Home buyers may rush purchases in the coming months as a looming increase in mortgage rates is largely believed to be nearing.
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Mortgage rates have been hovering around 50-year lows for the past five years. The Federal Reserve is expected to begin raising short-term interest rates later this year, which will put pressure on all mortgage rates soon after, including the 30-year fixed-rate mortgage which has been averaging around 4 percent lately.
Even the slightest tick up in mortgage rates can impact mortgage payments. As The Wall Street Journal notes, a 3.9 percent mortgage rate on a $400,000, 30-year loan would amount to about a $1,890 mortgage payment. On the other hand, if rates rose just one point to 4.9 percent, that mortgage payment would rise to $2,100 a month. If rates rose again to 5.9 percent, payments would amount to $2,370 a month.
Still, most economists believe the majority of home buyers will continue to desire to buy, at least for the short term, even with higher rates. That's because the monthly cost of an average size-home remains affordable when compared with average incomes. On the other hand, apartment rents have been rising sharply.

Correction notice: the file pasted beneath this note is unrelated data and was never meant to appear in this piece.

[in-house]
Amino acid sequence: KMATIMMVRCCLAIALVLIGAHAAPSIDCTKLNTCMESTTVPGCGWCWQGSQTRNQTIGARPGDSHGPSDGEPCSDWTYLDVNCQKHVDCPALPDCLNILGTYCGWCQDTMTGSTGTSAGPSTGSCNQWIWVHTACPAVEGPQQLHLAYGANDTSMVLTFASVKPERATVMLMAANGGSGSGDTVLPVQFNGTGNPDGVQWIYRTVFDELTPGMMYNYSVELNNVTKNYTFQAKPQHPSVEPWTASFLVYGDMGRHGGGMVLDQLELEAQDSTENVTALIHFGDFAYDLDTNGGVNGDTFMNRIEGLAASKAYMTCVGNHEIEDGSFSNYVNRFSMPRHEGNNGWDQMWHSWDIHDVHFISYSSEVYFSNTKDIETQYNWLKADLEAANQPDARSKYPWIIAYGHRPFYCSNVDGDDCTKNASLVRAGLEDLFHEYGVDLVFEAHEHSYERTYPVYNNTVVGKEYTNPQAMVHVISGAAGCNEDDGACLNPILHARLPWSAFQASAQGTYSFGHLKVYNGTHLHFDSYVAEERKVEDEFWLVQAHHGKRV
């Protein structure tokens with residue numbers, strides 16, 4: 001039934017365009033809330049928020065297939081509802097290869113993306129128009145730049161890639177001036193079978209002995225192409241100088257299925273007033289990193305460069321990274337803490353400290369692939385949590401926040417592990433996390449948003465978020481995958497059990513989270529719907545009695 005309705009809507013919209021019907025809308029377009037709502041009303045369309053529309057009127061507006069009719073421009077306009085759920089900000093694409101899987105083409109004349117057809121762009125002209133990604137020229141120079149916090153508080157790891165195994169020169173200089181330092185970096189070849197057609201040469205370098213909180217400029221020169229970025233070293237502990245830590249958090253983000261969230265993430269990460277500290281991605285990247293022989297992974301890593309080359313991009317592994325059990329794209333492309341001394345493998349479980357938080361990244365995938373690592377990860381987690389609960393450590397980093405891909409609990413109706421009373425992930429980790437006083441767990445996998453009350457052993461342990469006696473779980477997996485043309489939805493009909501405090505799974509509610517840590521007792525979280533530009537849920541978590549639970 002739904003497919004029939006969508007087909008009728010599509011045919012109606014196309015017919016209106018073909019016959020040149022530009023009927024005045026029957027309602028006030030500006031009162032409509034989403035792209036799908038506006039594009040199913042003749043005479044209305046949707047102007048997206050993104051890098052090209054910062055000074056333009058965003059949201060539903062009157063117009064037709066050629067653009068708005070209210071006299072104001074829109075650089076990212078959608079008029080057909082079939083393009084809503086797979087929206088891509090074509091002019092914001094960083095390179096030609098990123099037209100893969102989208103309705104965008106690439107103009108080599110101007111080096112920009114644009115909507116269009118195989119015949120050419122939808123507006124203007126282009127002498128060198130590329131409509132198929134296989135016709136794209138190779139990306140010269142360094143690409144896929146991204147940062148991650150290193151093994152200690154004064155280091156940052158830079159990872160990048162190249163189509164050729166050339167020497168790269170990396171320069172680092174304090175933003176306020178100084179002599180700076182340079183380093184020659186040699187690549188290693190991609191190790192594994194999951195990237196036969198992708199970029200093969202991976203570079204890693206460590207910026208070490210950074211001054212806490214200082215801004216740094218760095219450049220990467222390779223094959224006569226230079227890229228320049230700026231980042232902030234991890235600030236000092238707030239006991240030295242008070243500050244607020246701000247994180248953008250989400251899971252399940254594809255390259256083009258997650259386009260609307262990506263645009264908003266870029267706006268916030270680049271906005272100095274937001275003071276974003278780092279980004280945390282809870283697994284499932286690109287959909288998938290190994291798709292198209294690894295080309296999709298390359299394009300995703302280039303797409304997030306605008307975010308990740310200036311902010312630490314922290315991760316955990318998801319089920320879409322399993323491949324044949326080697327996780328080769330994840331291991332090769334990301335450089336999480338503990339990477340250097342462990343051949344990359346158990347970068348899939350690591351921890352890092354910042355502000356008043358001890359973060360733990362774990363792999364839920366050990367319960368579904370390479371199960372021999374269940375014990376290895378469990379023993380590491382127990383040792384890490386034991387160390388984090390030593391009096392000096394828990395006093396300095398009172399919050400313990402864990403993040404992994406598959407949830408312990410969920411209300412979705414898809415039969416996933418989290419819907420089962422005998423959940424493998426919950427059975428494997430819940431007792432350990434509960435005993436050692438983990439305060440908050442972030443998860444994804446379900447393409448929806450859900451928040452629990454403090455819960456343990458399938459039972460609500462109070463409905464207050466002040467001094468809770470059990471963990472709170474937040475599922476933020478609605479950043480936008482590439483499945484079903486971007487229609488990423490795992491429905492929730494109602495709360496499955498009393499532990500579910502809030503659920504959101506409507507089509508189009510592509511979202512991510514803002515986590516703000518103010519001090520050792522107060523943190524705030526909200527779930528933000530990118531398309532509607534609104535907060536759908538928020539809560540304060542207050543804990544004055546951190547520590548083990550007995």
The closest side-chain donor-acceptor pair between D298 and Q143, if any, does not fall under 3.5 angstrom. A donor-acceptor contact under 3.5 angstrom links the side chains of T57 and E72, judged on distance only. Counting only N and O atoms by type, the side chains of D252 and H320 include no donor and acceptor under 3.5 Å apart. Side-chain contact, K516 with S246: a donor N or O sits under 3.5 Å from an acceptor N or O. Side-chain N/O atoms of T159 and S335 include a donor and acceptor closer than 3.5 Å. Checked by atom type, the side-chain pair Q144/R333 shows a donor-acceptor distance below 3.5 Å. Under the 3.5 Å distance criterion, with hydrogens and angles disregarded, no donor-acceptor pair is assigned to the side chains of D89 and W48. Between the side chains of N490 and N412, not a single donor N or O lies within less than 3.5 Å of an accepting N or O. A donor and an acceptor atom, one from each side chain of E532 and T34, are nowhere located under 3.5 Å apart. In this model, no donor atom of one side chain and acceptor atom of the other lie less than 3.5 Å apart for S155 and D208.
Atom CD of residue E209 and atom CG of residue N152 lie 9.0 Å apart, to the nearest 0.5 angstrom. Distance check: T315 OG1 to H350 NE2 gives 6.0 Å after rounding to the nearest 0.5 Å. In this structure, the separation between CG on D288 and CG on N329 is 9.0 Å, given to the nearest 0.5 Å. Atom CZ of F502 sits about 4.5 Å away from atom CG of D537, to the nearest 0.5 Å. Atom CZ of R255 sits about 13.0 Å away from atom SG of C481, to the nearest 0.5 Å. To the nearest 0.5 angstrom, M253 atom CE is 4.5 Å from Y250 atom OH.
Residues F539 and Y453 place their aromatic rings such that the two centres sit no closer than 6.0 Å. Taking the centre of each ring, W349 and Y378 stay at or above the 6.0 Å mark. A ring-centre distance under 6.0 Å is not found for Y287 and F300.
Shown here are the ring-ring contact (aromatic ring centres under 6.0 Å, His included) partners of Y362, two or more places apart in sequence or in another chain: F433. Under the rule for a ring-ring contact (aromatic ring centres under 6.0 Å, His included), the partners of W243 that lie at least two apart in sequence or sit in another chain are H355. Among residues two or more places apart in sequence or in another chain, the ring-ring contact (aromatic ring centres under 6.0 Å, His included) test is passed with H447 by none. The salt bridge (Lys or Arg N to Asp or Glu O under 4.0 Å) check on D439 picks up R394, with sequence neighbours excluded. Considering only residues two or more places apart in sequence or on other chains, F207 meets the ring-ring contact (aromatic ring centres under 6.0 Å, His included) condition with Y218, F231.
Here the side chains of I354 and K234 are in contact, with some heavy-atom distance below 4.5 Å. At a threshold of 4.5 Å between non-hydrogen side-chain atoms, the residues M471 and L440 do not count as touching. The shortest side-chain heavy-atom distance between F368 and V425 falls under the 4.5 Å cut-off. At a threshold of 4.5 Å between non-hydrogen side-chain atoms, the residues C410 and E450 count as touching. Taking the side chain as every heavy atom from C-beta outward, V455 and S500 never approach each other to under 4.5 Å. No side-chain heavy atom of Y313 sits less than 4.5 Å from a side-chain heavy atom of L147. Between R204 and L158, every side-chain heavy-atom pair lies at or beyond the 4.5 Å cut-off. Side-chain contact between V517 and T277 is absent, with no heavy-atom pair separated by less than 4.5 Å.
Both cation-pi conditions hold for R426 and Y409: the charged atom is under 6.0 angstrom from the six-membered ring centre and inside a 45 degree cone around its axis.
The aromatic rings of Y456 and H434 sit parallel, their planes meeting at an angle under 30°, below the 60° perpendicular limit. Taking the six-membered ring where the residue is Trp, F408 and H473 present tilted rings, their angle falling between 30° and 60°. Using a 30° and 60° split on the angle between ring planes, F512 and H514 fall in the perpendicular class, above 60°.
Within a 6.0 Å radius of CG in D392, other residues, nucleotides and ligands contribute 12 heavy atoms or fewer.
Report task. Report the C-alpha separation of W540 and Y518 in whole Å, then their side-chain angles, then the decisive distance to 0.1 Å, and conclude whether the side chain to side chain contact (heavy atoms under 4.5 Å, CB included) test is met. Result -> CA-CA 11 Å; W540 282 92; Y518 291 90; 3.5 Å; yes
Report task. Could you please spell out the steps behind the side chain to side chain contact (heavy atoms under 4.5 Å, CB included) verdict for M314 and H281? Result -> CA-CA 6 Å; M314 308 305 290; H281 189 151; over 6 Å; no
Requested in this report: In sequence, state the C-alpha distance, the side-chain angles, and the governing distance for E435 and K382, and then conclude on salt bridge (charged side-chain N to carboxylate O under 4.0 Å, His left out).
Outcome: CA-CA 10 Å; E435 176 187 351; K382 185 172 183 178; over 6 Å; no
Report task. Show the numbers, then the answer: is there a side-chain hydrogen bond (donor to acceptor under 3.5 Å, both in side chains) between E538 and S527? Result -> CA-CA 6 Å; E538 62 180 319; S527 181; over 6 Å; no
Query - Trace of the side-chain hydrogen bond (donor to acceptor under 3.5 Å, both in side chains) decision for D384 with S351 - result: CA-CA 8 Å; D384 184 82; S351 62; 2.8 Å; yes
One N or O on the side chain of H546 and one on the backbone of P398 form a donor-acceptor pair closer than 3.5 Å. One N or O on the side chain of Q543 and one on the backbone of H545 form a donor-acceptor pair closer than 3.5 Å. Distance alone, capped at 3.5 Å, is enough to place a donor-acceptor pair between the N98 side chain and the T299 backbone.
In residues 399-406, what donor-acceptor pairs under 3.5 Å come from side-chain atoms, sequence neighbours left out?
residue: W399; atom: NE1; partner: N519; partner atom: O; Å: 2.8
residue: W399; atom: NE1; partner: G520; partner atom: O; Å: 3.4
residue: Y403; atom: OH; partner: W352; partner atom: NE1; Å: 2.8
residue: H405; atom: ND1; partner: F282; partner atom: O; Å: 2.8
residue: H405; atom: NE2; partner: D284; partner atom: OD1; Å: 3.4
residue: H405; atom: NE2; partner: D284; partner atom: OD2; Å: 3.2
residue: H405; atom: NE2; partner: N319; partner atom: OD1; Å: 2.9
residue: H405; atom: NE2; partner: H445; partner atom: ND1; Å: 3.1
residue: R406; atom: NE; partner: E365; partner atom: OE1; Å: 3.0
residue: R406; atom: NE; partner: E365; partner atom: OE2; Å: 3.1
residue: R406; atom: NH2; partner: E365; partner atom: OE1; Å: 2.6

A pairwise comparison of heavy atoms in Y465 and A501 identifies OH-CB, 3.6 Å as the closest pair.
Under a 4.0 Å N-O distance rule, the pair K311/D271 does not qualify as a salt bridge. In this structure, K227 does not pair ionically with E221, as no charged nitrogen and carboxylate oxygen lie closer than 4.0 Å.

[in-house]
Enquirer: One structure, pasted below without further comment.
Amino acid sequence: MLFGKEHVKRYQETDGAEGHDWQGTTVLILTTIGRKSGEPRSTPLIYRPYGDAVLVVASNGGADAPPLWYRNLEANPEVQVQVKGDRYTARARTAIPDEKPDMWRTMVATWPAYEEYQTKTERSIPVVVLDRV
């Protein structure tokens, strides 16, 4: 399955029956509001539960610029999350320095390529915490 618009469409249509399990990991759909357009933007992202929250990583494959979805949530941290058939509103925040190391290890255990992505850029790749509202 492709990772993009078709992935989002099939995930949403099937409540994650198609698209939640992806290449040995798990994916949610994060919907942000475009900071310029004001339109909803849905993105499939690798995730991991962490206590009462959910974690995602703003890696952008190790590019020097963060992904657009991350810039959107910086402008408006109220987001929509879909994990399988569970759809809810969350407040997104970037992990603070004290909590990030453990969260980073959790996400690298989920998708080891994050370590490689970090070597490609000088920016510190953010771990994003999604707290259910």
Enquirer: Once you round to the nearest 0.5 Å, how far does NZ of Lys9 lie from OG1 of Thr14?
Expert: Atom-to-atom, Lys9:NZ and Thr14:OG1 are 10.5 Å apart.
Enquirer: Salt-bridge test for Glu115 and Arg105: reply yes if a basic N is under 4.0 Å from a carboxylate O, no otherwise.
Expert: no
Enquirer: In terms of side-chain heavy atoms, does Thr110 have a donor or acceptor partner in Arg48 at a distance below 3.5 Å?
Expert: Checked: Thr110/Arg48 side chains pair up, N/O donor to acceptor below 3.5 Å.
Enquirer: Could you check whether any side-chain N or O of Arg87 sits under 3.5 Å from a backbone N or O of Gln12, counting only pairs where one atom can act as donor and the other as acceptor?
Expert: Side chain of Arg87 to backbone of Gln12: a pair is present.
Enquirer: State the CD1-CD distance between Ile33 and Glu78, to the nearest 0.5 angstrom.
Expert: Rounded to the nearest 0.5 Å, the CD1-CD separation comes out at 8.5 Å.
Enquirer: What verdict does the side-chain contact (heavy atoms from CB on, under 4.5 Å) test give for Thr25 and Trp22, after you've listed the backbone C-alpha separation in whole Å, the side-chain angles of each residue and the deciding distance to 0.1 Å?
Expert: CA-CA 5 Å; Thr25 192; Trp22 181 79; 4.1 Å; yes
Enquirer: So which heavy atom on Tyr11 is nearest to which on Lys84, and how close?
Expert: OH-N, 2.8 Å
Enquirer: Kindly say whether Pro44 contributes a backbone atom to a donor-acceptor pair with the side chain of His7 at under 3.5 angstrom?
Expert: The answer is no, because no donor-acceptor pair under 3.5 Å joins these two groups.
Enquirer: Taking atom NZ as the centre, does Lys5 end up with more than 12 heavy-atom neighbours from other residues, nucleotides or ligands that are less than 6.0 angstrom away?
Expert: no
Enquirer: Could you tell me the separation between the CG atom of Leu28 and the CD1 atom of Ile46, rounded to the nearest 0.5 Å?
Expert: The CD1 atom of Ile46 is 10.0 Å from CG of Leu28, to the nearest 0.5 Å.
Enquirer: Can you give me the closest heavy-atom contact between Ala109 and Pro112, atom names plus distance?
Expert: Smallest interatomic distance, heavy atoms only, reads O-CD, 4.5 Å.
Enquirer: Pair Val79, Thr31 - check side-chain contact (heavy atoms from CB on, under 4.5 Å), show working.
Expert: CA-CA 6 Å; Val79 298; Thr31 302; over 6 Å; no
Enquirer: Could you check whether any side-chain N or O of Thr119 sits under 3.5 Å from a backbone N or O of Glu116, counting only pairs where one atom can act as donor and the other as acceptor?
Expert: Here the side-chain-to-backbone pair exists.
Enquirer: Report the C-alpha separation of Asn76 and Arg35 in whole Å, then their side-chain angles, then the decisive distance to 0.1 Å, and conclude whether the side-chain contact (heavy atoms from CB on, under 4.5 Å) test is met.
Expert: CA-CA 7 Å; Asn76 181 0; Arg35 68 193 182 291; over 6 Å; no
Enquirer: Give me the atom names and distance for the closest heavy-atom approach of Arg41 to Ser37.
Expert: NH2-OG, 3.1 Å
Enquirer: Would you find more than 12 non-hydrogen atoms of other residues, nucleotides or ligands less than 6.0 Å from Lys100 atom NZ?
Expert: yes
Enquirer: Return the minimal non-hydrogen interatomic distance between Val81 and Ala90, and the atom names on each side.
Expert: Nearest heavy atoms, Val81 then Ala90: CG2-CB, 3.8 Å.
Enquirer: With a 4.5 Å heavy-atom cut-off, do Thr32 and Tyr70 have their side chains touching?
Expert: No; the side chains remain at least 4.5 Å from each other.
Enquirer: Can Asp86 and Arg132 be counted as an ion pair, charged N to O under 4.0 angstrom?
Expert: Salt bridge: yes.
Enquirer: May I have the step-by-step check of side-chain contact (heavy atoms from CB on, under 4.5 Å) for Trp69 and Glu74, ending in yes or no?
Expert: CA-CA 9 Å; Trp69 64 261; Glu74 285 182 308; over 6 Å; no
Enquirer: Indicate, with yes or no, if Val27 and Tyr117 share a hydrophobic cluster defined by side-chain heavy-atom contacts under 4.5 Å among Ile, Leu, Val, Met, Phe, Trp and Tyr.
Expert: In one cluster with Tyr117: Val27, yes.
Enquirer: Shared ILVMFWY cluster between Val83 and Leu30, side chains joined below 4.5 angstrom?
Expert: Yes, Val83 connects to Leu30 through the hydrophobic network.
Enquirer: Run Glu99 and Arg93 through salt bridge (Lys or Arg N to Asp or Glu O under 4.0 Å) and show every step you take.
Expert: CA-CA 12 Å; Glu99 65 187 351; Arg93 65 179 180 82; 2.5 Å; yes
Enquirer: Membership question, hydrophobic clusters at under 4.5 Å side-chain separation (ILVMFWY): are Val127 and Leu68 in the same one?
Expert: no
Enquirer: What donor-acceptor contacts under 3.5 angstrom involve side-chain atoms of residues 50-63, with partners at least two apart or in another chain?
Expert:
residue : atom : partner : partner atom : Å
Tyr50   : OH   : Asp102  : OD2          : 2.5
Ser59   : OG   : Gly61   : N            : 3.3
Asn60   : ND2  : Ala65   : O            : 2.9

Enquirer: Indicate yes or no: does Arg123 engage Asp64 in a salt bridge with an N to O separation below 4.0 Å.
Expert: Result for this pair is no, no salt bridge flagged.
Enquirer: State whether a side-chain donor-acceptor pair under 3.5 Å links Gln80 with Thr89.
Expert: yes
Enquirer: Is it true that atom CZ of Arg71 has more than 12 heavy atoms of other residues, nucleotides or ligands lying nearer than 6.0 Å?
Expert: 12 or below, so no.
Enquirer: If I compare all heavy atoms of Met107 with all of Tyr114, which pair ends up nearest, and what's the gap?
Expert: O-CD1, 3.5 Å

Pricier areas in the U.S. – like San Francisco, San Diego, and Los Angeles – may see the biggest impact of rising rates, as a rise in rates could put housing out of reach to more potential buyers. For example, in Los Angeles, mortgage rates at 4 percent would mean that the average household there would need to spend 41 percent of their income on mortgage payments to buy a house at the median price in the area, according to a study conducted by Zillow. At 5 percent interest rates, households would need to spend 46 percent of its household income to afford mortgage payments. In general, financial analysts often cite that no more than 30 percent of a household's income should go toward housing costs.
"The result for these overpriced markets will be less of a pop and more of a fizzle," The Wall Street Journal reports. "Economists expect that prices in those places will mostly likely flatten out or decline slightly, which may help keep the markets from overheating."
"I'm worried about it," Glenn Kelman, chief executive of Redfin, told The Wall Street Journal. "The rates have been so low for so long that trying to persuade anyone that 4 percent or 4.5 percent is still a bargain may not be easy to do."
But some consumers may look for relief from high rent increases, and believe it's still cheaper to buy than rent.